The eventual resolution of last year’s big patent trial between Apple and Samsung is one step closer after Samsung was denied a retrial over one of the patents concerned: the ‘bounce-back’ or ‘rubber-banding’ effect when a user scrolls past the end of a document.
This afternoon, Apple and the DOJ will be in court to decide the fate of the agency model implementation in the iBookstore. The court has already ruled that Apple has been working with publishers to price-fix and raise the prices of ebooks, but now a punishment must be determined.
This morning, the DOJ responded to publishers’ concerns about the remedies and claimed that, since they are even responding together, they have shown once again how they are banded together (PDF of full response - via GigaOM):
Indeed, the very fact that the Publisher Defendants have banded together once again, this time to jointly oppose two provisions in the Proposed Final Judgment that they believe could result in lower ebook prices for consumers, only highlights why it is necessary to ensure that Apple (and hopefully other retailers) can discount ebooks and compete on retail price for as long as possible.
The WSJ reports that more than a billion dollars were wiped off Samsung’s market value today following President Obama’s veto of the decision to ban the import of iPhone 4 and 3G iPad 2 devices into the USA. The fall represented 0.9 percent of the company’s market cap.
While a Presidential veto over-rules the original ITC ruling, the Financial Times reports that Samsung is appealing the ITC decision on the grounds that it only upheld one of the four patents it believes Apple has infringed. The appeal is expected to be held in Q1 2014. Were Apple to lose then, however, the impact would be significantly lower, as Apple is almost certain to have launched new iPhones and iPads by then, with the iPhone 4 and iPad 2 likely removed from Apple’s retail and online stores and seeing only residual sales elsewhere … Read more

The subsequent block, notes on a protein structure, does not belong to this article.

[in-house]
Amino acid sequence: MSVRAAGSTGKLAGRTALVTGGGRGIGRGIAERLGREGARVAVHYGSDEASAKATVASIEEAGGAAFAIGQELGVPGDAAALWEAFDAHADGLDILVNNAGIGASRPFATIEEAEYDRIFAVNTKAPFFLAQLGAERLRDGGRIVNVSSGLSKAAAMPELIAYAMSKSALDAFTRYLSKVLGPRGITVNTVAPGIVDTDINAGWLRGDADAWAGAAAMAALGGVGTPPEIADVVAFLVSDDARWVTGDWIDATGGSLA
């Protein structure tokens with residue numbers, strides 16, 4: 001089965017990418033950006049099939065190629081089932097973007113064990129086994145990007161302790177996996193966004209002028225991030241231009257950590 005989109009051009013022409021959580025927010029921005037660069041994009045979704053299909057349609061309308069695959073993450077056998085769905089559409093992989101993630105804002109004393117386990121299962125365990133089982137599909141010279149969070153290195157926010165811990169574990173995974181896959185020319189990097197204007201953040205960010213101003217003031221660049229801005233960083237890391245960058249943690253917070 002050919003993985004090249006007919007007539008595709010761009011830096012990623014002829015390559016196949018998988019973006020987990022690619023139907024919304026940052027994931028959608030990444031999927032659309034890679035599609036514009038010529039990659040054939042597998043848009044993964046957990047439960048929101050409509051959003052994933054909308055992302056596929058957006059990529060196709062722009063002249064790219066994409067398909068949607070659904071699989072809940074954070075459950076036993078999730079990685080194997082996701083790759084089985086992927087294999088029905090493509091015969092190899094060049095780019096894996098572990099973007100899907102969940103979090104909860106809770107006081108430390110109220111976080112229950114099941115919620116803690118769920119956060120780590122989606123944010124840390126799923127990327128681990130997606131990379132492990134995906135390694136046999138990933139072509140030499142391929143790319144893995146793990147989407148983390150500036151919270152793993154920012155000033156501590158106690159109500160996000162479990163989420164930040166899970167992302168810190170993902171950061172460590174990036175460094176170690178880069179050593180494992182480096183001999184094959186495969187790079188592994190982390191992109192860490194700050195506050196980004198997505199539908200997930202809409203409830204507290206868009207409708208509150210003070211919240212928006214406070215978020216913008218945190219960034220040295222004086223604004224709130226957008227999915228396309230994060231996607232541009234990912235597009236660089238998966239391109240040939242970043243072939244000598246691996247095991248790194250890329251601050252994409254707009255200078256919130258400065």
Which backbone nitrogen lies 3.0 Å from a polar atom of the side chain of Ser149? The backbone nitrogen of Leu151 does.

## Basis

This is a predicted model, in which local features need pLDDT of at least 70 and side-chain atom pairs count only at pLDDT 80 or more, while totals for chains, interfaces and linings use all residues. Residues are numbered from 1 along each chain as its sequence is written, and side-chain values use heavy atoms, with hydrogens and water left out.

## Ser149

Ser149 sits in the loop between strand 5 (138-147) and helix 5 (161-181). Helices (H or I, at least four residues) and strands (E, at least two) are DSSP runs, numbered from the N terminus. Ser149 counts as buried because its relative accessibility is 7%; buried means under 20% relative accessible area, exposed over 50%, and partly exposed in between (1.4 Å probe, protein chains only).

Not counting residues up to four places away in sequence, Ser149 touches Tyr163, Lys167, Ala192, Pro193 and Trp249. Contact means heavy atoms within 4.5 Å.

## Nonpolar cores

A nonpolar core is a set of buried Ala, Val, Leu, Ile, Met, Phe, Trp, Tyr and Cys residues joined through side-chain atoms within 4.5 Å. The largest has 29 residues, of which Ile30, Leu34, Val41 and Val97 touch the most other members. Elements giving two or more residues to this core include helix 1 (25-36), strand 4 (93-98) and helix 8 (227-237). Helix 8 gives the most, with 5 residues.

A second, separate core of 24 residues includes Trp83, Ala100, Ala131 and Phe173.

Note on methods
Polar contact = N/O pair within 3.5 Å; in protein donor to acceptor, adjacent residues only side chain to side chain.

Back in April we noted that the International Trade Commission had handed down a preliminary ruling that Samsung infringed an Apple patent related to a text-selection feature in a number of its Galaxy devices and other smartphones. Today, Reuters reports that an ITC trade panel will now reconsider the decision in a review of the previous ruling ahead of a final decision in the patent battle:
The International Trade Commission said late Tuesday it would take a second look at an ITC judge’s decision that Samsung had infringed one Apple patent for a text-selection feature in its smartphones and tablets.
Bloomberg adds that the panel is looking for “additional arguments on three of the four patents that Judge Thomas Pender said were infringed, and comments on how an import ban would affect the public.”
The panel will also reconsider a decision in the same case that Samsung didn’t infringe a different patent related to detecting when other devices are plugged into a microphone jack.
The ITC, which could impose an import ban on accused devices, is expected to deliver a ruling in Samsung’s case against Apple on May 31. A final decision in Apple’s case against Samsung is expected on August 1st. Read more
We have brought you updates on the Apple vs. Samsung trial all week with yesterday’s highlight being a testimony from Apple’s expert design witness, former President of the Industrial Designers Society of America Peter Bressler. Last week, we told you Apple Senior Vice President of iOS Software Scott Forstall testified in the case, but Network World discovered some interesting bits today from Forstall’s deposition from a few months ago. While noting the three key multi-touch patents involved in the case (381′ related to “rubber banding,” ’915 related to determining one-finger scroll vs. multi-touch gestures, and ’163 related to double tap to zoom), Network World posted excerpts from Forstall’s highly redacted deposition. The SVP appears to have claimed the now-late CEO Steve Jobs once told Samsung not to copy or steal the inertial scrolling, rubber band invention:
Returning to the Forstall’s deposition, Apple’s iOS guru is asked about discussions Steve Jobs seemingly had with Samsung over the rubber banding patent…Forstall responded:
I don’t remember specifics. I think it was just one of the things that Steve said, here’s something we invented. Don’t – don’t copy it. Don’t steal it….Rubber banding is one of the sort of key things for the fluidity of the iPhone and – and all of iOS, and so I know it was one of the ones that Steve really cared about… I actually think that Android had not done rubber banding at some point and it was actually added later. So they actually went form sort of, you know, not yet copying and infringing to – to choosing to copy, which is sad and distasteful…
Regarding whether the feature was discussed in subsequent meetings with Samsung:
But I can’t give you a specific recollection of – of Steve, you know, going over rubber banding with – with them in those meetings or not… I expect it came up, because it’s one of the key things we talked – you know, he and I talked about, but I don’t know if it came up there.
It is unclear which meetings Forstall is referring to due to the large amount of redactions in the documents, but Network World noted that court documents revealed previously that Apple offered to license Samsung patent ’381 in November 2010. Forstall also described meetings Jobs had with Samsung when questioned about iOS icon designs: